Pay-as-you-go fervour

For so many things, governments in Canada, reluctant to raise taxes, are charging users with higher fees. 

Governments in North America are short of funds.  Formerly governments usually paid for their outlays by raising taxes. Nowadays that increasingly is unpopular. By charging ever-higher fees for services, governments do that even though, in many instances, the higher fees seem disproportionate to what is being offered.

If one wished to have a passport, the costs of issuing a new one have soared. Obtaining a copy of a birth certificate, holding or forwarding mail on, the provincial level for a driver’s license, a fishing permit or becoming a naturalized citizen, all have risen substantially.

New fees are cropping up for such disparate activities. They are becoming more numerous and annoying.

The recent spread of higher pay-as-you-go fees has less to do with economics than with political advantage. It is not surprising, therefore, that politicians have used that as a relatively easy way of getting more money. Too often the results distort prices and are manifestly unfair.

Inasmuch as they usually are not very large they escape a great deal of scrutiny. They seem to hit unorganized groups and consequently, are less of a cause of an uproar than higher taxes would involve.

It must be recognized, however, that when the fee exceeds the actual costs entailed, it is really a tax.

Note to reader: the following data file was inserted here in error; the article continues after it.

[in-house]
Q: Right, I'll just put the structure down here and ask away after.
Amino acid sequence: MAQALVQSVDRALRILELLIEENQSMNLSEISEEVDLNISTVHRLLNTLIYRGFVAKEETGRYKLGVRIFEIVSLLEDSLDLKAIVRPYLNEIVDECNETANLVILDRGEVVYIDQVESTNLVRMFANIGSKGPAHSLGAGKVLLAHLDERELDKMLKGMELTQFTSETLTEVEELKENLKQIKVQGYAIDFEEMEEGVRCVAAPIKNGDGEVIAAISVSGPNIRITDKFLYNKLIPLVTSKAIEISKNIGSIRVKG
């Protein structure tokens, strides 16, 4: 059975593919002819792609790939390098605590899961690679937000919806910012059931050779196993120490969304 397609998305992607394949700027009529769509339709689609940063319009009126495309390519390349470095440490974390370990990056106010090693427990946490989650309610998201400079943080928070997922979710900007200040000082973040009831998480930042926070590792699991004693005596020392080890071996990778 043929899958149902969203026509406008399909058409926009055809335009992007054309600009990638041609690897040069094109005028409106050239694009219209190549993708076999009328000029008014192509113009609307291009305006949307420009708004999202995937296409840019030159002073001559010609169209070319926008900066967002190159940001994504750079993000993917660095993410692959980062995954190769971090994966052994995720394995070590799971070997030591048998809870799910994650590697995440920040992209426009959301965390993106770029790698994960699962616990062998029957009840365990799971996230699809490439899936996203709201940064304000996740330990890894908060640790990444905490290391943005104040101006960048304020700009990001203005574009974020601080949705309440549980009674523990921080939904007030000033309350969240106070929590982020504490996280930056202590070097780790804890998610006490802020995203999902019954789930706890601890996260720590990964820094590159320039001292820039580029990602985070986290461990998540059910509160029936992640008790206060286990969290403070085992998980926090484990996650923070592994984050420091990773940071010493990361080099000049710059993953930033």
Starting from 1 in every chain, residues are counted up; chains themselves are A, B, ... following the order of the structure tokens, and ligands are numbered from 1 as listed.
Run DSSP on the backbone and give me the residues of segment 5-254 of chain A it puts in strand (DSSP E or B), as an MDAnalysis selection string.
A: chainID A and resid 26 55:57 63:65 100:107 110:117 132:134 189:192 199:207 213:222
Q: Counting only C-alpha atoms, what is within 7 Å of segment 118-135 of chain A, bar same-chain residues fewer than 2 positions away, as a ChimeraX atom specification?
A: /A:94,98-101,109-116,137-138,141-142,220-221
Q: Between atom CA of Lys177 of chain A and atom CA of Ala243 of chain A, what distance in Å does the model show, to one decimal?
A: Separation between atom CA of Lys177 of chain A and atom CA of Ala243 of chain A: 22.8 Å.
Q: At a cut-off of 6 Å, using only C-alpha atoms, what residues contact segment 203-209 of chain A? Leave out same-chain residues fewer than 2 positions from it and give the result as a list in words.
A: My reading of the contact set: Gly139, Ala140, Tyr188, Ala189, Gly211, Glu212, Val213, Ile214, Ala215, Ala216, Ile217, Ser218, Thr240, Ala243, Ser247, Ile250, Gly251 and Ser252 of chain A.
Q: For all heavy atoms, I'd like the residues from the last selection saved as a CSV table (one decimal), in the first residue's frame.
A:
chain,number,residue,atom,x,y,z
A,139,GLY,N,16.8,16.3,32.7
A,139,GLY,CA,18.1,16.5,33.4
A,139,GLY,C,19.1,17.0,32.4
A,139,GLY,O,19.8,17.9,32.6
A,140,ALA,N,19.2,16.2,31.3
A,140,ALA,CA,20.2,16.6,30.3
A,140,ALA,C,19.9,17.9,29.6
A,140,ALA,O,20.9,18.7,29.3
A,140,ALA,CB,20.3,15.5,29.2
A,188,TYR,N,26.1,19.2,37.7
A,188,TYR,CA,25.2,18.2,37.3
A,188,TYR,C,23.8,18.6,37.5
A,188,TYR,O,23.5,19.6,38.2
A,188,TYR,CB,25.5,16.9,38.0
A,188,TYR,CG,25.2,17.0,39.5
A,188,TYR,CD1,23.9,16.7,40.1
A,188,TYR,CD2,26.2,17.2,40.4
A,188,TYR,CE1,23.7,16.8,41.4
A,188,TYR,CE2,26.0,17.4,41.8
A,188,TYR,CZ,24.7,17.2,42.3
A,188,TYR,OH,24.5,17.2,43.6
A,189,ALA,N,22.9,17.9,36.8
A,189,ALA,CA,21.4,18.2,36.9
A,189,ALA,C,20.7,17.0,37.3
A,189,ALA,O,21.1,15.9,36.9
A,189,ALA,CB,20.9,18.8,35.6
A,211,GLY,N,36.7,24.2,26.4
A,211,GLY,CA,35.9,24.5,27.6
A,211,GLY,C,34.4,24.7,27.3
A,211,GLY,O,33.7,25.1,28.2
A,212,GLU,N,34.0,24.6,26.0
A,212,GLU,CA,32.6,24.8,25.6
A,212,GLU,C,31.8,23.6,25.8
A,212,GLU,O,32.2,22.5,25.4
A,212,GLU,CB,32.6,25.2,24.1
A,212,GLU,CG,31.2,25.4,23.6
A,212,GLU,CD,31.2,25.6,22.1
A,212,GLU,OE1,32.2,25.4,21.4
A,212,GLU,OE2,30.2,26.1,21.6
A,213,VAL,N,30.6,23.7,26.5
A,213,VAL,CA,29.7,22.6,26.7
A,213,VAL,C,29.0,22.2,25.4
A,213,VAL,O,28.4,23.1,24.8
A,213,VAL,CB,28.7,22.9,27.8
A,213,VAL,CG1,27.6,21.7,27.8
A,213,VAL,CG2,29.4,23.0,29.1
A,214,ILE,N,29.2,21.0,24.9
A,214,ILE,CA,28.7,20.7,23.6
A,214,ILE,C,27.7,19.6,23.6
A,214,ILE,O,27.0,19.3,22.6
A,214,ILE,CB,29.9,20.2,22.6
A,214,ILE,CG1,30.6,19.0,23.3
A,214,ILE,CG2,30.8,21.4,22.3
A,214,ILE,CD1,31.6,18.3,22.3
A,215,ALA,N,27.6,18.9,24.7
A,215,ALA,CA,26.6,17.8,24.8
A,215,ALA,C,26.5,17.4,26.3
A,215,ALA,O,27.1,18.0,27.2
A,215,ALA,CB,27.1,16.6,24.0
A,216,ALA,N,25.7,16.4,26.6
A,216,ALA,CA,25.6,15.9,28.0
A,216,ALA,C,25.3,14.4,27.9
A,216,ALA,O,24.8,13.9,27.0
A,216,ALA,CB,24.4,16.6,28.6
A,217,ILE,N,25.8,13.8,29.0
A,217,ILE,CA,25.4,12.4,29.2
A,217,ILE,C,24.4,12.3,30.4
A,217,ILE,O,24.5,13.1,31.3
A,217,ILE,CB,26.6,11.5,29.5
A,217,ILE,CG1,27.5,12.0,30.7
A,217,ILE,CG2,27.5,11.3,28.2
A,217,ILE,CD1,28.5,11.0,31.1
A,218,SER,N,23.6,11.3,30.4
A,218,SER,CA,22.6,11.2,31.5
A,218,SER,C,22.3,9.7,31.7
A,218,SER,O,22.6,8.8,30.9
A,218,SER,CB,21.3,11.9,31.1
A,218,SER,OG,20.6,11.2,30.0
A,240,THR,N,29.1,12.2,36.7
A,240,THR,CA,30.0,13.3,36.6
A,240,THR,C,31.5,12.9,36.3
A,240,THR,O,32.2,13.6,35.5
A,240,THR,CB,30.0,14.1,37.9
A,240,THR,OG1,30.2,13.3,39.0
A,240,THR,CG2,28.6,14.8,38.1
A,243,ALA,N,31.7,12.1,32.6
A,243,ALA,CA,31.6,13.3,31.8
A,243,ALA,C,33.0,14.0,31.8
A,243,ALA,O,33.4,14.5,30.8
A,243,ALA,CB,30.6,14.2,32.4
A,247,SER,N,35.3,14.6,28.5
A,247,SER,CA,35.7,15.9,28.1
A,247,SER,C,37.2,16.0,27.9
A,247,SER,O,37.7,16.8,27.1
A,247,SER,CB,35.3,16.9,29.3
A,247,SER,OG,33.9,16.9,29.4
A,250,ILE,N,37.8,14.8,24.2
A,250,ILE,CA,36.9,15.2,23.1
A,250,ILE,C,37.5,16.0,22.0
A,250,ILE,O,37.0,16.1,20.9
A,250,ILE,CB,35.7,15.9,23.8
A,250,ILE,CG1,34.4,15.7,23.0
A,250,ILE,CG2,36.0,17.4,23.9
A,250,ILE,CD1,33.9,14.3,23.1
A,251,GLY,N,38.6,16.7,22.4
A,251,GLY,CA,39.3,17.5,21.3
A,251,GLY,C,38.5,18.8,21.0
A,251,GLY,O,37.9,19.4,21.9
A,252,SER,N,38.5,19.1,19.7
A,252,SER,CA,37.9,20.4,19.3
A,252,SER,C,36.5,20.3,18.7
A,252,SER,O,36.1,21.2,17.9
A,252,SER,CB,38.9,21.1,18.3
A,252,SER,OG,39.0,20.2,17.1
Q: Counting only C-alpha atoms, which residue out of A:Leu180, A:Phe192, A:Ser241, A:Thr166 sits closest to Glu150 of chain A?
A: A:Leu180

Pay-as-you-go fees do affect the most entrepreneurial and can discourage innovation and enterprise.  The cause of the rise of this form of money exaction is the inability of governments to raise taxes.

In Alberta, for instance, that is the only province without a sales tax, really an absurd situation. The Economist describes this as “ideological allergy to raising taxes.” Forthright politicians can break that with courage. In the United States, President Truman raised taxes sufficiently to pay the cost of the Korean War!

When governments provide services over which they have a monopoly; this pay-as-you-go route is commonplace. In a way, this can be justified as one is paying for services rendered.

However, when the charges are exorbitant, they are unethical. What is needed, therefore, in this situation as in so many aspects of good government, are honest politicians. 

Hopefully, not a forlorn wish.



Bruce Whitestone